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William Welch, and what a Norfolk cemetery tells us
The Body Scientific
I like cemeteries. It may seem morbid, but I do. Norfolk’s cemetery is a fine and private place. But to a student of infectious disease, it is a stone-marked history of wrenching loss and medical helplessness.
I found the graves of young women of the 19th century. One was dead at 23. Childbirth probably took her or puerperal fever in its aftermath. Tuberculosis, too, could carry off a young adult.
There were children who died at 2 or 4 probably of diphtheria or whooping cough. Their physicians were not armed with an understanding of infection, with vaccines (except for smallpox) or with antibiotics.
One of the men who changed this dire state of medicine is buried in Norfolk. When William H. Welch died in 1934, Harvey Cushing, one of the greatest of American physicians, said in his eulogy that he was “just another of the many Doctors Welch of Norfolk” — “all apparently men of very similar type, good judges of people and good public servants, men able to instill confidence and win regard.”
But William Welch was not just another Welch doctor serving Norfolk. Graduating from Yale in 1870, he attended the College of Physicians and Surgeons in New York and did not come back.
At that time a college degree was not necessary to go to medical school, and the course was two years long. Most American medical schools were low-standard affairs that admitted anyone who could pay. Medical schools were not tied to universities and they were not dedicated to doing the research that cures disease or prevents it.
In Europe the best physicians practiced in universities and had founded the science of pathology to describe disease processes — usually at autopsy to be sure, but at least there was an attempt at understanding. These physicians had faith in knowledge, but until the last third of the 19th century and the advent of the germ theory of disease, they usually despaired of treatment.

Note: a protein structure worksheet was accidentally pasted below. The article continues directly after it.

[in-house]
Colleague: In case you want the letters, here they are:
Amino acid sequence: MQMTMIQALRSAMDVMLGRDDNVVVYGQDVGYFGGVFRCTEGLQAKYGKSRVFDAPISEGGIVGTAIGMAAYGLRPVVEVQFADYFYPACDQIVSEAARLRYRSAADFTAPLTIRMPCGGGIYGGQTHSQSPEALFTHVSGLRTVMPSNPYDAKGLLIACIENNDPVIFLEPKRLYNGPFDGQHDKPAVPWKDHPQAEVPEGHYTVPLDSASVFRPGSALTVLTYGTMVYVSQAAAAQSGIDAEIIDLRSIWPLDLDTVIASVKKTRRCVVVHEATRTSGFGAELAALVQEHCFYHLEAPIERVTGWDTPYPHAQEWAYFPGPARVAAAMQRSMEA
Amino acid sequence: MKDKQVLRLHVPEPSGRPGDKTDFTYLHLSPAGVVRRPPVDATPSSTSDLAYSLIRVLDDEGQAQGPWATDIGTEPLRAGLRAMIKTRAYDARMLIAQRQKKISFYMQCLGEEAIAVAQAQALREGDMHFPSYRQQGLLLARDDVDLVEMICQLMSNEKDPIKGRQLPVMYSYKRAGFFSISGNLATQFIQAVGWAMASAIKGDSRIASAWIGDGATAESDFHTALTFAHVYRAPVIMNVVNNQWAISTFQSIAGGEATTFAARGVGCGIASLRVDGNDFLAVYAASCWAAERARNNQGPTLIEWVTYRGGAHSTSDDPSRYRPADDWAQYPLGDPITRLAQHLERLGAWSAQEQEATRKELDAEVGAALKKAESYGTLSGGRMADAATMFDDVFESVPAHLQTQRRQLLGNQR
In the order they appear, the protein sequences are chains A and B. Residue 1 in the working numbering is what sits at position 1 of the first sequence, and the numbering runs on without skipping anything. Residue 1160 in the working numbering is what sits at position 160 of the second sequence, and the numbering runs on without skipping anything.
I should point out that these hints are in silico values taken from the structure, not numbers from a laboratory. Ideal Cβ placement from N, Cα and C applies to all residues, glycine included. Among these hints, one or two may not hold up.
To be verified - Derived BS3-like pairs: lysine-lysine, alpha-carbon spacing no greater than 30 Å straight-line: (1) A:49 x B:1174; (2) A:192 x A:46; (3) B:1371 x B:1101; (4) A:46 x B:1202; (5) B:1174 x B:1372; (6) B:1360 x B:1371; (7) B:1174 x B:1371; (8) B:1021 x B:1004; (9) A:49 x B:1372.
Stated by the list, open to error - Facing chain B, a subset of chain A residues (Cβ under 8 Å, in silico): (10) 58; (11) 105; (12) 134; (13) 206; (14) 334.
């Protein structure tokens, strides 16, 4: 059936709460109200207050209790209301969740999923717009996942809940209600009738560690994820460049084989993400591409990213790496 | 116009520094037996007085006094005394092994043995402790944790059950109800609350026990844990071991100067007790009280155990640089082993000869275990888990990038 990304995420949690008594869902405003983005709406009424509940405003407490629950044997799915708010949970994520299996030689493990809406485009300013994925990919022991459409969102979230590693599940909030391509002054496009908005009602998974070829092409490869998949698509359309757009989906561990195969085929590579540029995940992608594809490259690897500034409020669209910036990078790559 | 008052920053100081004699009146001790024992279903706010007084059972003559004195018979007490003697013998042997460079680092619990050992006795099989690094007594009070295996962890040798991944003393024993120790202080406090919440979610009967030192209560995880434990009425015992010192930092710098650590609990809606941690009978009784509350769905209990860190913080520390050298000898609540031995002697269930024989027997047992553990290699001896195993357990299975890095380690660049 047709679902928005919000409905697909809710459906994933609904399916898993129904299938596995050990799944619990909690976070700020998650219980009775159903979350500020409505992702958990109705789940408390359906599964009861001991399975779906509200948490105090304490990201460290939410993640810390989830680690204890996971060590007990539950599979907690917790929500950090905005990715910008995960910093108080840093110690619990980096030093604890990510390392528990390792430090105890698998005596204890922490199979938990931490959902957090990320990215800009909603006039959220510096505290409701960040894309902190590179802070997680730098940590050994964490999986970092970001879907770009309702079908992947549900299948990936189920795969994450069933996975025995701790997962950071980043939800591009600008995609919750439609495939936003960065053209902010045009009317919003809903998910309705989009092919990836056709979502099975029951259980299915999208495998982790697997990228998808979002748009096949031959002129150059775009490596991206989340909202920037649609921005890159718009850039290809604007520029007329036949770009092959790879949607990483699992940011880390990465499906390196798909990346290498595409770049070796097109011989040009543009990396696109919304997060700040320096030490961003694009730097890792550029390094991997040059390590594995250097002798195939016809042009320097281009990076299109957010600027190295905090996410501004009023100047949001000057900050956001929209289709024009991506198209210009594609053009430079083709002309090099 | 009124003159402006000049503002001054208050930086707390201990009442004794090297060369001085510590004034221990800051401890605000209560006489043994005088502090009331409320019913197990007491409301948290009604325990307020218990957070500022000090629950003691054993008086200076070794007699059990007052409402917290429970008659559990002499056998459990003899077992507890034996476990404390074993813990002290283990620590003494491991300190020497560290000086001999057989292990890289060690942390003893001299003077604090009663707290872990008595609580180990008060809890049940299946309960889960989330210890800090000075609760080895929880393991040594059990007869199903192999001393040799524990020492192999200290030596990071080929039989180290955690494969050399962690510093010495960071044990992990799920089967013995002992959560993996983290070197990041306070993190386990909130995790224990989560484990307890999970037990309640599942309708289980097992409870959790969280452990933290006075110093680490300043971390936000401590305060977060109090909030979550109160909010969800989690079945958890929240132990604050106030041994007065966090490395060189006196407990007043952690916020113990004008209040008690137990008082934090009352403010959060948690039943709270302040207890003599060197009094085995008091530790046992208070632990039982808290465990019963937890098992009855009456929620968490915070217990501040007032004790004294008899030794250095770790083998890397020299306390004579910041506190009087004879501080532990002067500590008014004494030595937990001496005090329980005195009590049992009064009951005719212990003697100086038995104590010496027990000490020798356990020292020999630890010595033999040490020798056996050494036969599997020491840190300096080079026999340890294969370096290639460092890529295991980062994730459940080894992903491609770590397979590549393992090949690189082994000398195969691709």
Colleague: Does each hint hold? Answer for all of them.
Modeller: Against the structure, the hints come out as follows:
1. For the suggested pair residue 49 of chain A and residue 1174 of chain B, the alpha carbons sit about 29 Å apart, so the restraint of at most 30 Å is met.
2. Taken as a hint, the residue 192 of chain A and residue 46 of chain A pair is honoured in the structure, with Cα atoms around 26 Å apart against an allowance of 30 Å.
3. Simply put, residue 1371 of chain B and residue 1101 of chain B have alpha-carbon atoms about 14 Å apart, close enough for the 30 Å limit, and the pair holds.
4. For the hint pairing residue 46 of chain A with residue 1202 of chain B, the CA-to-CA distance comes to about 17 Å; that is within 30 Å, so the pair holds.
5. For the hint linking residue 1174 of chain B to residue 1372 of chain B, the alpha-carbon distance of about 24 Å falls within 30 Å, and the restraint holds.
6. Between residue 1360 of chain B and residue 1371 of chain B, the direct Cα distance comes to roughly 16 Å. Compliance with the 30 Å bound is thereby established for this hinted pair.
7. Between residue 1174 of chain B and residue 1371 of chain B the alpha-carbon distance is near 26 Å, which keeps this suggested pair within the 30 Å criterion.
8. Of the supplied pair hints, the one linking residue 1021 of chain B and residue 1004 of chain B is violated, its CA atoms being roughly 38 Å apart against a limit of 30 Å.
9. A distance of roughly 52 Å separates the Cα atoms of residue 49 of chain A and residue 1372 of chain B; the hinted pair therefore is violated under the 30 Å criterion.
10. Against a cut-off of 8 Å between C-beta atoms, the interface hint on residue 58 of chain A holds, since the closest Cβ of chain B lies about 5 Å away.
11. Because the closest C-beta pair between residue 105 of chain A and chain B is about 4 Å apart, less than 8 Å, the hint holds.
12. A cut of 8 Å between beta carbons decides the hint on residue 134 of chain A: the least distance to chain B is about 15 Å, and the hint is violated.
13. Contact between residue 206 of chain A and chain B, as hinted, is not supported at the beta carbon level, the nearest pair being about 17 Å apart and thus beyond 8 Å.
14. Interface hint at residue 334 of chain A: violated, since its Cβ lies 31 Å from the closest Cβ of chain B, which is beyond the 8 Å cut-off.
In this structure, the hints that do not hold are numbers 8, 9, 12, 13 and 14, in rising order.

William Welch did not heed calls to practice with his physician father in Norfolk. In 1876, aged 26, with the encouragement of his stepmother, who saw a different future for him, he went to study in Germany, becoming a master not only of pathology, but of the new science of bacteriology.
When he came back to the United States, Welch was determined to found a medical school on the German model — where research would be incorporated into the purpose of the school, where students would have to have an undergraduate degree and be able to read the latest papers in French or German, where they would study for four years under a professional faculty.
The medical school and a new hospital would be tied to a university, as in Europe, which would have the power to enforce high standards. Excellent scholars would be recruited, and the school would not depend on local physicians whose practices left them no time for research.
Depending on a professional full-time faculty was unique in American medical education and much opposed in the 1880s. Apprenticeship had always served.
When Johns Hopkins University opened its medical school in 1893, Welch had been supervising the construction of the hospital, the development of the curriculum and recruiting scholars since 1885. With Welch’s support, it was one of the first medical schools to encourage women to be doctors.
It was not so much that Welch made great discoveries — although the organism that causes gangrene, Clostridium welchii, is named for him (we scientists think that is an honor) — but rather, as the first dean of the Johns Hopkins Medical School, he and others changed the direction of American medicine, raised its standards and caused it to turn toward science.
Welch and his colleagues established accreditation boards and forced substandard medical schools to close. Welch was a founder of the Rockefeller Institute (now University), dedicated to pure research.
By the time he died in 1934, aged 84, diphtheria vaccine had started to wipe out that fearful disease, surgery was safer and so was childbirth. Antibiotics were on the horizon. Horrendous nutritional deficiencies had yielded to vitamin treatment. Public health measures were preventing disease.
There was (and is) a long way to go, but when Welch died, the expectation was for progress, not stasis. If we no longer fear as much for women in labor or children with infections, we owe some of that relief to William Welch. He would be proud that Johns Hopkins is one of the pre-eminent medical schools in the world — and that the Norfolk cemetery no longer claims so many of the young.
Richard Kessin, Ph.D, is professor of pathology and cell biology at the College of Physicians and Surgeons of Columbia University. He and his wife, Galene, live in Norfolk. He can be contacted at firstname.lastname@example.org. An earlier form of this article appeared in the Newsletter of the Norfolk Historical Society.